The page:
In our woke times, a disagreement over unsettled issues might be end the of your career – even if you spoke wrongspeak twenty years ago when that was allowable opinion. Lots of staff at Penguin, one of the “Big Five” publishers, felt threatened and uncomfortable with Jordan Peterson merely publishing his latest book there. The New York Times, the pinnacle of the fourth estate in the West, ousted Bari Weiss for publishing broad-tent conservative views. Your party affiliation, not to mention your fluency in the newspeak of intersectional power analysis, is increasingly becoming a hygiene factor for engaging with anyone, let alone getting a job in many industries. Try academia without it.
I recently had the misfortune to be on a date with someone who quickly made sure I knew that human rights were nonnegotiable (what does that even mean?) and that prime among these human rights were trans rights. Uh-huh, I thought, and wondered what that arcane and peripheral topic had to do with our potential relationship.
It turned out that I was merely behind the curve. Wendy Wang’s research shows that cross-party affiliations in marriage are becoming increasingly rare. YouGov reported a survey last year where around 40% of both Republicans and Democrats would be upset if their child married someone from the other party. Even larger-sized studies than that, like Match.com’s ‘Singles in America’ Report, show that the proportion of people who think it impossible for them to date across party lines is increasing fast – from around one-third in 2012 to over half in 2020. Around 70% of Democrats and some 50% of Republicans would consider a ballot for the wrong candidate in 2016 a dealbreaker for their future relationship. The share of survey respondents who say that it is “important for their partners to share their political beliefs” has skyrocketed in the last few years, after having held steady since records began.
A few years ago, Leavers vs Remainers tore a deep divide through British society – and family, friends, and relationships happened to find themselves on either side of that unbridgeable gap. The Trump and Anti-Trumpers have played a similar role in America. In the last 18 months or so, most of these considerations have given way for an even more pernicious and deep-rooted divide: the Covid stance. In all aspects of life, people whose expertise doesn’t warrant them to have an opinion one way or another and people whose interests in political, economical, or epidemiological topics are nonexistent, are forced to take an active stance on all manner of everyday things. Whether and when to wear a mask; whether or not to cancel visits from others; whether or not to travel, or meet strangers, and how; whether or not to inject themselves with substances which some tell them are dangerous and others say are crucial and life-saving. If you make the wrong choice, much hate is now coming your way.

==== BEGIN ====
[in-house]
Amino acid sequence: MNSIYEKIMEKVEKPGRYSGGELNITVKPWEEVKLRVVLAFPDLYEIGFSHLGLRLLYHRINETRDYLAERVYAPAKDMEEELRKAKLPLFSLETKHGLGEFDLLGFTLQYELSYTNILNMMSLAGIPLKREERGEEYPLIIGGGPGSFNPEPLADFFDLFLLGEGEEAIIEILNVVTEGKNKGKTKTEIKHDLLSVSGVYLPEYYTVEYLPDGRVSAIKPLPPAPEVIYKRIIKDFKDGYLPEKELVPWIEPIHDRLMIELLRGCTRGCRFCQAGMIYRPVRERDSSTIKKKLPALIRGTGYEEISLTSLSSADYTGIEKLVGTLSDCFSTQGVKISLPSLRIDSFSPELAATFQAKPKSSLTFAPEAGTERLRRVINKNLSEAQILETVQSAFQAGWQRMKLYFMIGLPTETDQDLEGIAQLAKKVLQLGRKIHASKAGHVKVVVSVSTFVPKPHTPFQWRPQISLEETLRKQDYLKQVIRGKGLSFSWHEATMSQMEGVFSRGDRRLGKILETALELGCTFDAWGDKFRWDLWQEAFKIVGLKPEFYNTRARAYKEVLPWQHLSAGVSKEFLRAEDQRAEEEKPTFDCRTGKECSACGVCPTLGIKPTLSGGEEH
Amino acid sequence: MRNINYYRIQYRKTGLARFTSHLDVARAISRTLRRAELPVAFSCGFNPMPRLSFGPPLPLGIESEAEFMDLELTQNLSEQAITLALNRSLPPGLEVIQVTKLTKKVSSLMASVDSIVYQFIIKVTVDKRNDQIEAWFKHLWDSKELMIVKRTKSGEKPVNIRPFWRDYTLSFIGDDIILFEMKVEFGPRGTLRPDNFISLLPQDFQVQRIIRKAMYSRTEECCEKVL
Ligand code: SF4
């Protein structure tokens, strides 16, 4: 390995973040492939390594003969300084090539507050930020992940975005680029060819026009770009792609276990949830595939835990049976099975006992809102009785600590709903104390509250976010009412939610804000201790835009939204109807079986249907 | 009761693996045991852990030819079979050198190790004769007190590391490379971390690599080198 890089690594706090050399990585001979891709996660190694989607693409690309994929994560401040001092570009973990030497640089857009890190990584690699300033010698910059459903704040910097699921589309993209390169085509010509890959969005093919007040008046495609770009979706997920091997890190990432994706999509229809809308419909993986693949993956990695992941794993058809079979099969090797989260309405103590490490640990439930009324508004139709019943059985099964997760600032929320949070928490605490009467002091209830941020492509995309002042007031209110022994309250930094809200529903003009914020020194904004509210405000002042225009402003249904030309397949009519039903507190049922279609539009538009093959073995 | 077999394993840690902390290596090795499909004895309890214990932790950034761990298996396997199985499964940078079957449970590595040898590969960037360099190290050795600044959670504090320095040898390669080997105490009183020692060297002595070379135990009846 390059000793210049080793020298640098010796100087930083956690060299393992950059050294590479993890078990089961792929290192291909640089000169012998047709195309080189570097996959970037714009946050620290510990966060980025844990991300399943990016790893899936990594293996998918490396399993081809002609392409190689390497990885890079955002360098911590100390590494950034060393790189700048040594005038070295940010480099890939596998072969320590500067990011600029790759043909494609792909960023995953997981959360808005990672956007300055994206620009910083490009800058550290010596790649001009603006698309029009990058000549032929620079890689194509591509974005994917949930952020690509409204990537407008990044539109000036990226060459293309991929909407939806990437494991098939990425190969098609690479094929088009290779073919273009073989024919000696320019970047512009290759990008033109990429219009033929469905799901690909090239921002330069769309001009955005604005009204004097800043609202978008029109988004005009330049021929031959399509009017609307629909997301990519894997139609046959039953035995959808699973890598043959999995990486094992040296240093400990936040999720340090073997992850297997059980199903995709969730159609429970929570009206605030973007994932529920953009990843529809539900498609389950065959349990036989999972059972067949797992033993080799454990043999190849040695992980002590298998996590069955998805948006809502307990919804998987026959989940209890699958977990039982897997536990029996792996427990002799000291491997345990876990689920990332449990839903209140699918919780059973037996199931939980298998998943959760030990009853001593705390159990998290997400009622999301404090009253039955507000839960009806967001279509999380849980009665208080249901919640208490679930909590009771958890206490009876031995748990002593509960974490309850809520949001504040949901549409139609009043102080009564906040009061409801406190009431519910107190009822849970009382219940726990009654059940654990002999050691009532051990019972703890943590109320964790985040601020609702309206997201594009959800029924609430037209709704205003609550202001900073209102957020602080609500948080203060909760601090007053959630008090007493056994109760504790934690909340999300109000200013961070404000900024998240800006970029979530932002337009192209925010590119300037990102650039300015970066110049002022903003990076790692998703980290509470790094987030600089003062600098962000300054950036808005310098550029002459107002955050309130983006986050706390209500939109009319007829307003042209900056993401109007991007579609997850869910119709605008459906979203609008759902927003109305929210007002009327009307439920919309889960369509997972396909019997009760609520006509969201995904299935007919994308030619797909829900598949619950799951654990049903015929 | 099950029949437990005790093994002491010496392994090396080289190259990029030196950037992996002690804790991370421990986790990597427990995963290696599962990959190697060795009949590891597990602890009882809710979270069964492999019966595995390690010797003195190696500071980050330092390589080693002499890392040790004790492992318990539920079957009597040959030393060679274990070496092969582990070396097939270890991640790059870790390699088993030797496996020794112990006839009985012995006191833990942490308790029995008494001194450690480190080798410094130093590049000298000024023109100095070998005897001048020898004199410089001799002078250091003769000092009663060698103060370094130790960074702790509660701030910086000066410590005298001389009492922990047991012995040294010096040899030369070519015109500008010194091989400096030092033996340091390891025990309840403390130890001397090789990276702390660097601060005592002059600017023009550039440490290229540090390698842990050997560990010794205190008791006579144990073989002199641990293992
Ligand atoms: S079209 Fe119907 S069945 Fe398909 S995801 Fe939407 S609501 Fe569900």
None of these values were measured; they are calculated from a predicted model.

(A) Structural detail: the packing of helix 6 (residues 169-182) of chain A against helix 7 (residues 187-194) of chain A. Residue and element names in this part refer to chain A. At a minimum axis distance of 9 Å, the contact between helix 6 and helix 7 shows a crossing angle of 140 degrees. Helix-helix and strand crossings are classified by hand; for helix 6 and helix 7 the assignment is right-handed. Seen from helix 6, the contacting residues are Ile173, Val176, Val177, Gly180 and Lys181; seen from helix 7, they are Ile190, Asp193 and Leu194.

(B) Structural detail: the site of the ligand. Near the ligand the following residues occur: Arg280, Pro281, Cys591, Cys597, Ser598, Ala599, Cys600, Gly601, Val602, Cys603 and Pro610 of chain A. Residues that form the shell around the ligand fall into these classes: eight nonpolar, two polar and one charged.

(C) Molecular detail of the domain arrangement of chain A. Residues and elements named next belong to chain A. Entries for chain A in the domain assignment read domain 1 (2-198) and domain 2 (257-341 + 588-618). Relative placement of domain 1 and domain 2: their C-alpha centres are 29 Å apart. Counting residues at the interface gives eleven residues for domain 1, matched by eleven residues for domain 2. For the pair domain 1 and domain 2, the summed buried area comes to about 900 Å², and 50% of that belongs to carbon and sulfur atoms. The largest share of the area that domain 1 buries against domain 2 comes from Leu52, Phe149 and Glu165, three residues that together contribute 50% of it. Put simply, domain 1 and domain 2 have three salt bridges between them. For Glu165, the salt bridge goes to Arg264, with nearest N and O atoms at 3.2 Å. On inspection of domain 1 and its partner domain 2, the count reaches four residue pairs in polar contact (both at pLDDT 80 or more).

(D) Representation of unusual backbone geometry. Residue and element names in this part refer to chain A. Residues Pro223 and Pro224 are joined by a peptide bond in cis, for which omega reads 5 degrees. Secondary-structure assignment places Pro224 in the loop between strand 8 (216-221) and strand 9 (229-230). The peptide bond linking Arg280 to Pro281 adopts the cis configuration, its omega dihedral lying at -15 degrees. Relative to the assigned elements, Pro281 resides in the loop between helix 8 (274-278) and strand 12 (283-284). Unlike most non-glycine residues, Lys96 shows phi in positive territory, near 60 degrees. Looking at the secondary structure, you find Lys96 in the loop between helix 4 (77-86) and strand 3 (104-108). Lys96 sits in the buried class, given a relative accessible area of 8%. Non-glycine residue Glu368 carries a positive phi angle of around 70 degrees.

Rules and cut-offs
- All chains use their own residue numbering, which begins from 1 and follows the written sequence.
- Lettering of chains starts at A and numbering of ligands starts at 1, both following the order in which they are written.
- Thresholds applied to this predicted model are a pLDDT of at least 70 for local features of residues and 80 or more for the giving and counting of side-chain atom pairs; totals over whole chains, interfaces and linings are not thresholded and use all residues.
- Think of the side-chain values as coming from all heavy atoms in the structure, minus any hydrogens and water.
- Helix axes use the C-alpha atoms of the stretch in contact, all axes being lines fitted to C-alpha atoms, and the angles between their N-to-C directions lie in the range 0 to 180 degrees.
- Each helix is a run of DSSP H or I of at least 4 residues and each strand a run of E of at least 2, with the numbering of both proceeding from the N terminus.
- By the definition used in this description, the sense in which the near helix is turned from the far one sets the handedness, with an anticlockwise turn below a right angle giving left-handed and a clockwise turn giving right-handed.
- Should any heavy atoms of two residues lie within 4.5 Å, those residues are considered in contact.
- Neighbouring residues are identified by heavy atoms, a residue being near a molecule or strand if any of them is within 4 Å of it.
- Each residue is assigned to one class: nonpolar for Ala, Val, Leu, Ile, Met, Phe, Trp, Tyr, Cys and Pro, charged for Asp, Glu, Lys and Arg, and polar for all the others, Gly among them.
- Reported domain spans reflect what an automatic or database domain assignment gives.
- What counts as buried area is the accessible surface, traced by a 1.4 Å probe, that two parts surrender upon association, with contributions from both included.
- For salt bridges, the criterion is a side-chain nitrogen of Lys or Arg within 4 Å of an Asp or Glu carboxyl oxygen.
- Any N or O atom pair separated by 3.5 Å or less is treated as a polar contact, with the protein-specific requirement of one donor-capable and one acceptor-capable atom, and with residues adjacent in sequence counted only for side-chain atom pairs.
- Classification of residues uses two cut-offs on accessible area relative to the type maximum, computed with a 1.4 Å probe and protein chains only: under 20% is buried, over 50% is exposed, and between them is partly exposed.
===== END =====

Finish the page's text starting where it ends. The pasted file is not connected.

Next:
‘Polarization’ and ‘balkanization’ are words that get thrown around in political discourse, in media outlets and information acquisition, but the more damaging consequences happen when we integrate those tribalist political divides into our regular lives. When we banish the unvaxxed from our weddings, or cancel family gatherings because of concerns that one set of invitees are offended at personal choices made by another set of invitees. Over half of Republicans have progressive friends, but less than one-third of Democrats count a Republican among their friend group. And it’s increasingly clear that we don’t understand where The Other is coming from, ideologically and morally speaking.
Can people no longer be wrong on scientific questions and still be good human beings? Can people no longer hold different values than you and still be reasonable, upstanding, and respectable individuals?
I’m sure that people of all ages and times have failed in separating political statements and values from the person behind the opinion, but like all people with a present bias, prone to romanticizing the past, I think it looks worse now. Perhaps this inability of ours to separate personality from opinion has moved into social, professional, and emotional fields it didn’t do before. Maybe highly centralized structures have pushed too many one-size-fits-all approaches that make conflicts inevitable; submission or defiance become the only two options when we’re forced to make an irrelevant choice.
Even if they have external effects, many (most?) of the things that divide us are none of anyone else’s goddamned business – what we eat, what we drive, what we wear, what medical procedures we have, what we drink, or whom we love. When did we forget that?